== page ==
Buyers of businesses inevitably run some risk that an acquired business may turn out to be different than expected. Buyers therefore routinely conduct due diligence, or an investigation of the company being acquired, before the sale. The purpose is to verify that the business is what it appears to be, to identify any potential show-stopper problems in the target, to assess value and other issues for potential price concessions, and for defining the seller’s representations and warranties. Sellers will usually carry out their own due diligence to ensure that they are in compliance with their representations and warranties in the sale agreement.
Lenders and equity investors such as venture capital firms also conduct due diligence before a transaction, for similar reasons.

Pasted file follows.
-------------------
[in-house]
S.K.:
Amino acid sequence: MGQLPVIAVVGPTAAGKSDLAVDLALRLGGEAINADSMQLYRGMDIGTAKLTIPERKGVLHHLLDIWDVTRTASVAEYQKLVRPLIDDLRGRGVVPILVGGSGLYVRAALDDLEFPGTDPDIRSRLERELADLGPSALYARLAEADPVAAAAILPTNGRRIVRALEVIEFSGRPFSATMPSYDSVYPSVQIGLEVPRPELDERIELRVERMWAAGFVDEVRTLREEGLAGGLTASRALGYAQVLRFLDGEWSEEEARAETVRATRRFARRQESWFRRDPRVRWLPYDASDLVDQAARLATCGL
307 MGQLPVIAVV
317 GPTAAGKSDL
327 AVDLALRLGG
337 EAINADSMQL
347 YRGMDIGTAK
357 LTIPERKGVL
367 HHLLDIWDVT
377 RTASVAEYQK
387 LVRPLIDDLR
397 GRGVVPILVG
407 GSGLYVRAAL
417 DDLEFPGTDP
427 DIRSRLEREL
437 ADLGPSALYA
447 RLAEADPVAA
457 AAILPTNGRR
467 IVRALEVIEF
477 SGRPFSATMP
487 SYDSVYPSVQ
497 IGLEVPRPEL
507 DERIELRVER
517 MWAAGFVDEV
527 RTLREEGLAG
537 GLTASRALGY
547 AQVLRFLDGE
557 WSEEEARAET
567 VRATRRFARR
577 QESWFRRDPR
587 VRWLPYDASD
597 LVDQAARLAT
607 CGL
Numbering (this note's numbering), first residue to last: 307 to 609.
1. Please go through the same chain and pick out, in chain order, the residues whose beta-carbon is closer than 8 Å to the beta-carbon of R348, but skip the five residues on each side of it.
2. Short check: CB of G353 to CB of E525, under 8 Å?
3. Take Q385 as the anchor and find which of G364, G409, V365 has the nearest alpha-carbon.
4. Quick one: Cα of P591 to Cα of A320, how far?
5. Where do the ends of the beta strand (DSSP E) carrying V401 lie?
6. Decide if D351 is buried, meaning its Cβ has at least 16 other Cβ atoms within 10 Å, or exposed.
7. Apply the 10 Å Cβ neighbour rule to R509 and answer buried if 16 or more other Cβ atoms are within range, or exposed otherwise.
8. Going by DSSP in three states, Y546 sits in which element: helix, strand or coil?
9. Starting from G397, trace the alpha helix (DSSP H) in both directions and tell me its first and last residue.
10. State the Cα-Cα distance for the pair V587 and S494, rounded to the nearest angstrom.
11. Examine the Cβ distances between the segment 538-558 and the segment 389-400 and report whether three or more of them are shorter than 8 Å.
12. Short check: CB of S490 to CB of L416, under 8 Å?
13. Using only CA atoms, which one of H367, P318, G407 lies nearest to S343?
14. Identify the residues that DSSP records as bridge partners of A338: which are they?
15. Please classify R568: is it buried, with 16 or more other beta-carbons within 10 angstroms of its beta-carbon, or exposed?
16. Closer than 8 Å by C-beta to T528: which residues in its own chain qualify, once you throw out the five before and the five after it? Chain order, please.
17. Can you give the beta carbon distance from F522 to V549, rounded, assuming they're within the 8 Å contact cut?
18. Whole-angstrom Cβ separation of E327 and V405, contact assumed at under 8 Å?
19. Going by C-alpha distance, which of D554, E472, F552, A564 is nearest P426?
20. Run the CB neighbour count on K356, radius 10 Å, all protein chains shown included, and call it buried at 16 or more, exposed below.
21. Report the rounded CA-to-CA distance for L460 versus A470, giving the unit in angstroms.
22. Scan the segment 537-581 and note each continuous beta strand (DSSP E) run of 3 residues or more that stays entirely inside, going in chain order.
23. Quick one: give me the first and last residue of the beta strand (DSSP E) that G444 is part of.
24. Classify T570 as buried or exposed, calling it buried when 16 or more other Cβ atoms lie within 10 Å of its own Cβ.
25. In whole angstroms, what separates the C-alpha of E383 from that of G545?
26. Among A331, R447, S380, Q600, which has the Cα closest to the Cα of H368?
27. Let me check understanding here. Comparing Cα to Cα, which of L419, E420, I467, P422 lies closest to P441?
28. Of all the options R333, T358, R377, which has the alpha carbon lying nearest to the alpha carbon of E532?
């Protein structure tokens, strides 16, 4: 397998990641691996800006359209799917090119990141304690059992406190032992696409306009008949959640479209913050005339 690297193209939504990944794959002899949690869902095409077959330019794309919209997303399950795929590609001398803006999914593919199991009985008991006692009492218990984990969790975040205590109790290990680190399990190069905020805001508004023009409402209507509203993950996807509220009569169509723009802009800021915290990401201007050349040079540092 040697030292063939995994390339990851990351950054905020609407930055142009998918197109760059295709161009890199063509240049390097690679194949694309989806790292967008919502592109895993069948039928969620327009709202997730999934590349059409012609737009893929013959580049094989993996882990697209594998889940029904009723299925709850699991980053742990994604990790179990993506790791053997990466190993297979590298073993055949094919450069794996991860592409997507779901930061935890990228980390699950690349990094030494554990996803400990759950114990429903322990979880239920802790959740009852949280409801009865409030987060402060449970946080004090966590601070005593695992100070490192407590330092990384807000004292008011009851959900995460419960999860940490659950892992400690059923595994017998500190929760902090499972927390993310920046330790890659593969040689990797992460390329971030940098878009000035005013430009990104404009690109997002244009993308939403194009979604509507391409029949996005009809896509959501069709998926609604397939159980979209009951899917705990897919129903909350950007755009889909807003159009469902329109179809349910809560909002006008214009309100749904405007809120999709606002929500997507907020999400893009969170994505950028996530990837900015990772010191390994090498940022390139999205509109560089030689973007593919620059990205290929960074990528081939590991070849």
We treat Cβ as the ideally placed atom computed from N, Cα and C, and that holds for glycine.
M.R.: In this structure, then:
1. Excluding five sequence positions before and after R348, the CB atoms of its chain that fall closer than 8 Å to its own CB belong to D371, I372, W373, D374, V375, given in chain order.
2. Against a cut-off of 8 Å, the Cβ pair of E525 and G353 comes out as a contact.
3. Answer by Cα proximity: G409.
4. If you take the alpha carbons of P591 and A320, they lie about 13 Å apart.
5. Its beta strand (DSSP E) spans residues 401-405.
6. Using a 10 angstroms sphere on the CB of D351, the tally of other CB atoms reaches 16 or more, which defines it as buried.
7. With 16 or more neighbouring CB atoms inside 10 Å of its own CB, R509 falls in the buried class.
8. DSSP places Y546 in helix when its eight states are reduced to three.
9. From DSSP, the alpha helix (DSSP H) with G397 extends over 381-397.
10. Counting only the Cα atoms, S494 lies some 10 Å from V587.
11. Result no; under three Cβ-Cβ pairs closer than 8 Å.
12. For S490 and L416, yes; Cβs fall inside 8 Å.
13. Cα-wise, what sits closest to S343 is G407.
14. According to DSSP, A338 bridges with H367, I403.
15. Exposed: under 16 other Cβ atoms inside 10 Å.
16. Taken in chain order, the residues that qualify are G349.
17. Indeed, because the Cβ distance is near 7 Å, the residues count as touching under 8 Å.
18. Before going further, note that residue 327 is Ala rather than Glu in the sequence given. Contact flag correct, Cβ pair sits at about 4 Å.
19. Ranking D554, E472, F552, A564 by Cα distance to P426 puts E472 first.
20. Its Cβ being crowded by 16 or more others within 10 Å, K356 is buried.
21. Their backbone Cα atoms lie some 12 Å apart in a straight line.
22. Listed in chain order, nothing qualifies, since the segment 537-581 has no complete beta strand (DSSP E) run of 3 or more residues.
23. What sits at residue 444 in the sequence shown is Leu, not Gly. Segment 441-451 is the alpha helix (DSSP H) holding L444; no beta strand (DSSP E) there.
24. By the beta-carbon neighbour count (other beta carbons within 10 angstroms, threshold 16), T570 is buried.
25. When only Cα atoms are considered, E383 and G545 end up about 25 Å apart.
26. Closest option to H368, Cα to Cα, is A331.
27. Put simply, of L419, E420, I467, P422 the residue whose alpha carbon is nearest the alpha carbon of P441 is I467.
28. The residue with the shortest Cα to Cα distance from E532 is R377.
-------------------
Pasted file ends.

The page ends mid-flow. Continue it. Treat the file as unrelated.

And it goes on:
“The Art and Science of Due Diligence” is going to be the subject of an hour-long panel discussion at the Northwest Growth Financing Conference being held in Seattle on August 4, 2011. I have discussed the presentation with Duff Bryant, the moderator, and they expect the panel to touch on some due diligence issues that are specific to limited liability companies. LLCs can raise a variety of due diligence issues such as LLC power and authority, tax issues, and unusual provisions in LLC operating agreements. The panel includes investment bankers, lawyers, and a principal from a private equity group, so it should be a well-informed discussion.
The Northwest Growth Financing Conference has been put on by the Seattle ACG Chapter for the last several years. The day-long Conference is well-attended by private equity groups, acquisitive corporations, venture capitalists, lawyers, finance executives, and others interested in investment and acquisition of middle-market-sized companies. Registration is available here.